The Search for Talent: Are You Sure You Know Who You’re Looking For?

Human resource strategy is one of the core leadership areas addressed in IESE’s top-ranked Program for Management Development I Photo: iStock

Human resource strategy is one of the core leadership areas addressed in IESE’s top-ranked Program for Management Development I Photo: iStock

In the olden days – think 10 years ago! – the search for talent was a straightforward affair. Not anymore! In the wake of the economic recovery and demographic shifts, companies in many global markets have gone from posting ads and passively waiting for résumés to struggling to fill job vacancies. The competition to attract and retain talent is especially steep in sectors like IT, engineering and health care, sometimes leading to a backlog of open positions.

The talent-deficit challenge is especially pronounced for SMEs and firms located far from major hubs, like many of Germany’s Mittelstand. With an aging populace and shrinking working-age population, Germany is suffering from widespread labor shortages, prompting the government to come up with new policies to keep people in the workforce.

In this new landscape, does it make sense for companies to continue to use traditional recruitment methods, focused primarily on remuneration packages and matching specific skillsets? A new approach is needed, according to Sebastian Reiche, Director of Managing People in Organizations at IESE Business School.

“There are a number of recruiting and retention strategies, but some, like higher salaries, pay raises and promotions, might only succeed in the short term,” says Prof. Reiche. “Companies need to ‘break the frame’ and broaden their perspectives when it comes to formulating candidate profiles and building their workforce. In this regard, Prof. Reiche urges firms to take steps to avoid employee turnover by ensuring that new hires support the firm’s culture and underlying values.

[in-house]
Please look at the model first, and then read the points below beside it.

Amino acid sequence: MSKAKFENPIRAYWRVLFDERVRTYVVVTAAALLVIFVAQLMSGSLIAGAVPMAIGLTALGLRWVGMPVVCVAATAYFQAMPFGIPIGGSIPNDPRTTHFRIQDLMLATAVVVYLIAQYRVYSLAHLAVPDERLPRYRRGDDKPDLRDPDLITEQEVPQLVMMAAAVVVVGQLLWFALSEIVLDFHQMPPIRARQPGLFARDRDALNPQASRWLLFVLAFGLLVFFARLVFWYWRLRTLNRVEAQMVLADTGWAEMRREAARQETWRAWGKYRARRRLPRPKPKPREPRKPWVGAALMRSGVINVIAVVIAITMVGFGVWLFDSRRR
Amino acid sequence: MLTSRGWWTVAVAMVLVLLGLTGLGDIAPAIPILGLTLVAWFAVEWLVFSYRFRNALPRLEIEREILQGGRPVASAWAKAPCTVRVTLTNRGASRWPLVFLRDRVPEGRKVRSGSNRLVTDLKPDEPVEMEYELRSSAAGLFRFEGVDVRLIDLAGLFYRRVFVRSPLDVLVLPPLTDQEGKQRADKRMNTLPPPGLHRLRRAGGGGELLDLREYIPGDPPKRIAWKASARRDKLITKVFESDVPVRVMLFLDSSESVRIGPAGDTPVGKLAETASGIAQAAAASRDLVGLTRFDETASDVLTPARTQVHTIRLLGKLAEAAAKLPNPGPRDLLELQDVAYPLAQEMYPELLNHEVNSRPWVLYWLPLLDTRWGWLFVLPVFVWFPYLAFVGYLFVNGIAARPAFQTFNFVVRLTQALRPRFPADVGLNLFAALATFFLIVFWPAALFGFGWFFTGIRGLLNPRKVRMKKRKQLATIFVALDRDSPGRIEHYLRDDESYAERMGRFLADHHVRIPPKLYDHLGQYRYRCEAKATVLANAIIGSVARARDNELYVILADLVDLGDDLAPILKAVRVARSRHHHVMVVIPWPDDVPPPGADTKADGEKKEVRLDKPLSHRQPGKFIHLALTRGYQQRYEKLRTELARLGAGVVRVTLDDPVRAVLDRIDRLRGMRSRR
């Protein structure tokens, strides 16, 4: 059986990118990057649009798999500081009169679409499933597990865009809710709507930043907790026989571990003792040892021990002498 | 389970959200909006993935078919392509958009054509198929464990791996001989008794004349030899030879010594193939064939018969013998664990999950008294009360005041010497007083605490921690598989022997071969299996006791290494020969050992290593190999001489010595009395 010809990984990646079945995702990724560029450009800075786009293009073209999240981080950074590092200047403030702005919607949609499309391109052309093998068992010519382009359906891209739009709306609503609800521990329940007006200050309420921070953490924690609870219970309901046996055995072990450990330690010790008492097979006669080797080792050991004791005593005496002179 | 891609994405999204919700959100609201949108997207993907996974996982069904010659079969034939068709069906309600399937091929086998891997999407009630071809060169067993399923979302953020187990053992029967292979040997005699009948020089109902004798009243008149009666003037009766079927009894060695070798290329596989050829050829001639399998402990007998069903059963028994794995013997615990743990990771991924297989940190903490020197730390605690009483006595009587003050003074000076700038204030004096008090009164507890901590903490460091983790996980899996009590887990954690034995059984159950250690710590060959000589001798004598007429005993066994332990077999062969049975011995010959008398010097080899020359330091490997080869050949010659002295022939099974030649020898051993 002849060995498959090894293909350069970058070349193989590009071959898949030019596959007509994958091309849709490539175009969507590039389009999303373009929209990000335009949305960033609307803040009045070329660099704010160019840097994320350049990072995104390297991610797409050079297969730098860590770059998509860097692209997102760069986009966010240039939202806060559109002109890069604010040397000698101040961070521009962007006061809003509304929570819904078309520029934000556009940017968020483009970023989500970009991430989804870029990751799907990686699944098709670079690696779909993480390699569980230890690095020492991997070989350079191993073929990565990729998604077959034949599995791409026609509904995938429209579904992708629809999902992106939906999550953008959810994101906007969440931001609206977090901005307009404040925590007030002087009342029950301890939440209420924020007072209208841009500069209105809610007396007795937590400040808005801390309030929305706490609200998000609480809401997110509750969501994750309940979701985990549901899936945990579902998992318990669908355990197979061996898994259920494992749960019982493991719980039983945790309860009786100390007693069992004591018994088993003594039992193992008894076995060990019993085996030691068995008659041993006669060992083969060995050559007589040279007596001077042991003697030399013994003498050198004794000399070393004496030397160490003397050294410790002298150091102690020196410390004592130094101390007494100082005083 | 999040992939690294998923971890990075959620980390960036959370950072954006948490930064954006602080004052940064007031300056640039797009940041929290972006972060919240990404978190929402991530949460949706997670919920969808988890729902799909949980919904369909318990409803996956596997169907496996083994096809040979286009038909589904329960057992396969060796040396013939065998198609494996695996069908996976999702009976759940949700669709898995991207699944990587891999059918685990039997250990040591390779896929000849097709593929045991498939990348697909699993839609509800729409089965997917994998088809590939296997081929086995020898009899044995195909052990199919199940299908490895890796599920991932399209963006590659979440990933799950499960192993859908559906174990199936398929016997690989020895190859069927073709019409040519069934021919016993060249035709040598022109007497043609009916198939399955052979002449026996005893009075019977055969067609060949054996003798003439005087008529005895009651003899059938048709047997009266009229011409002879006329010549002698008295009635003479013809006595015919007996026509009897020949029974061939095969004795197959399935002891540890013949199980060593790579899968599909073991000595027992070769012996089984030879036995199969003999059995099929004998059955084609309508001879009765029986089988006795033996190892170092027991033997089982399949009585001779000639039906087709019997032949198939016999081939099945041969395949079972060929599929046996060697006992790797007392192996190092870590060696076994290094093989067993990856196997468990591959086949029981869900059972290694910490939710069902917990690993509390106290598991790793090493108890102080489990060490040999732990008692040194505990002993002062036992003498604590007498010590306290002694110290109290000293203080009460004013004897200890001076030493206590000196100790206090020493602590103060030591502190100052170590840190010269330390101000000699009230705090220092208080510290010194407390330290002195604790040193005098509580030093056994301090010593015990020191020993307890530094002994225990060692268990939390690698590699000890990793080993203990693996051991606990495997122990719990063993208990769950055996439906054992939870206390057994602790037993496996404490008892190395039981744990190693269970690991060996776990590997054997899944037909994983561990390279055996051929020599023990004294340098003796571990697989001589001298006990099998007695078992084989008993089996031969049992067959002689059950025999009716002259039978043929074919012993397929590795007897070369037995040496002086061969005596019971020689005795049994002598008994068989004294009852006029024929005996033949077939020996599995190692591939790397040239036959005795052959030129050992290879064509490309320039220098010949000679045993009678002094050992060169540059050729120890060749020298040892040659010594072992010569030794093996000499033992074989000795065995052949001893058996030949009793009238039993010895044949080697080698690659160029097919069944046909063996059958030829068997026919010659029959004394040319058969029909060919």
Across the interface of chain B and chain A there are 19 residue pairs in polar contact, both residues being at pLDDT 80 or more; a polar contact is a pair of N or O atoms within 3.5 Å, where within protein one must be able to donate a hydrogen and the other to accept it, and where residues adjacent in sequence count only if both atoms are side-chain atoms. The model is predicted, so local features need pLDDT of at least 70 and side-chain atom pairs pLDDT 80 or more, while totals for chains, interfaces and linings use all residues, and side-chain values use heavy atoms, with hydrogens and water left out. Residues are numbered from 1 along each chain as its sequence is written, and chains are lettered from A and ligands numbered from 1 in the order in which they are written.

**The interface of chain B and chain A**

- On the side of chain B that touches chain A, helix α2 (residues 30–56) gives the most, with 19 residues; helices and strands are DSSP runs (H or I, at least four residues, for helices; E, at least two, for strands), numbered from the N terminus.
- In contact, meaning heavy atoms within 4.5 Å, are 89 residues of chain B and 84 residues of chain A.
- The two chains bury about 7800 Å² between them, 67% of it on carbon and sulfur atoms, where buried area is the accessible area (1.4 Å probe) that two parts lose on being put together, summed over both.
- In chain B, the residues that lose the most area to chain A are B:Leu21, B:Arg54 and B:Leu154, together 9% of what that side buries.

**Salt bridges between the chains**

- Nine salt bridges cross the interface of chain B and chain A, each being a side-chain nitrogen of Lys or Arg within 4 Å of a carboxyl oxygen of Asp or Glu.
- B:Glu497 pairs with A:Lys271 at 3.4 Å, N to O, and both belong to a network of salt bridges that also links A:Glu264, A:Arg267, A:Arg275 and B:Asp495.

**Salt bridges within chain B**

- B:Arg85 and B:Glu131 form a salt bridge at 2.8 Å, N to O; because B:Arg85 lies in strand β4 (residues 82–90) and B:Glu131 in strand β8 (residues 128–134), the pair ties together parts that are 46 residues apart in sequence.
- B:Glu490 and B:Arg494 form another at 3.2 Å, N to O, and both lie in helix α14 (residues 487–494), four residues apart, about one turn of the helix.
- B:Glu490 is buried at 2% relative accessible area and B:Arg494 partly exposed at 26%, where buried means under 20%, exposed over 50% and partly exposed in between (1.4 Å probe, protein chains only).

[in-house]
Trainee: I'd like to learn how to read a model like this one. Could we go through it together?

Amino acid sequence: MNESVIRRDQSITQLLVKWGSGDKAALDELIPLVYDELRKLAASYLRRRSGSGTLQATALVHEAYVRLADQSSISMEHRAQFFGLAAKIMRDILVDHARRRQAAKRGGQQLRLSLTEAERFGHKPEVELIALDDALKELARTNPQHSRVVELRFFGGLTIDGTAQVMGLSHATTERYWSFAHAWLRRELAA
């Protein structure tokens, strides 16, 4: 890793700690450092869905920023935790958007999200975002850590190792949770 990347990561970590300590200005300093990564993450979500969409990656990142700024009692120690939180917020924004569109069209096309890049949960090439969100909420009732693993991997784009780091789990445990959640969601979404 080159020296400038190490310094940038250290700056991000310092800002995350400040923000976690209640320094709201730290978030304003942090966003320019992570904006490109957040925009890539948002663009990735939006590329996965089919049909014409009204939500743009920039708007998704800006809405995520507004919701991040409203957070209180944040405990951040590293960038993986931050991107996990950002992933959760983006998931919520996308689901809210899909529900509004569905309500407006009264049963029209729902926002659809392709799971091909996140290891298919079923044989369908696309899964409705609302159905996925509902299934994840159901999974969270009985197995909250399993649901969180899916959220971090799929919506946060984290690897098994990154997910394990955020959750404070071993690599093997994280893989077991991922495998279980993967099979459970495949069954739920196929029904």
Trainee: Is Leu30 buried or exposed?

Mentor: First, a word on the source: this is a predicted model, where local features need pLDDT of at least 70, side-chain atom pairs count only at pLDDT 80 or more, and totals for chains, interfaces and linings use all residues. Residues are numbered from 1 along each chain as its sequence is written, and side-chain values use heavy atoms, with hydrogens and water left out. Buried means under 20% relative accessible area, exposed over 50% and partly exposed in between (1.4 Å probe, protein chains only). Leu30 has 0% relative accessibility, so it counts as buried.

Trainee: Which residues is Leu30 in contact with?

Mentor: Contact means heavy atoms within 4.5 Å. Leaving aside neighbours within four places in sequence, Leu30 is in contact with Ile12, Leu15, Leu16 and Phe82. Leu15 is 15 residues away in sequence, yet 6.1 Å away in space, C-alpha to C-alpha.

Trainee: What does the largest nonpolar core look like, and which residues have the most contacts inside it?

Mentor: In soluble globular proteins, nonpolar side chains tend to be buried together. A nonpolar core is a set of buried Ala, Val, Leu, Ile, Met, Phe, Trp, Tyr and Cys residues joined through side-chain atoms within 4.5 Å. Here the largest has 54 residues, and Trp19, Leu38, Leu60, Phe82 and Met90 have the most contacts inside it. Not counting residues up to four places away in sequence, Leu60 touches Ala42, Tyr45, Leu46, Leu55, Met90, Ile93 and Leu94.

Indeed, organizations pay a hefty price tag when they take on employees who don’t mesh with the corporate culture, including weaker job performance and toxic work environments. On the contrary, when employees align with the corporate culture, a virtuous cycle ensues: they perform better, report higher levels of satisfaction and stay with the company longer.

“Firms will boost business outcomes if they embrace a holistic, long-term HR strategy,” advises Prof. Reiche. “In today’s market, HR decision makers need to be open to new hires who might not completely match the job criteria, but who fully support the firm’s core values. In terms of retention, it means staying finely attuned to what drives employee satisfaction and offering sought-after benefits that are harder to find in other firms.”

Human resource strategy is one of the core leadership areas addressed in IESE’s top-ranked Program for Management Development. IESE’s Munich campus will offer this part-time executive program starting in February 2020.

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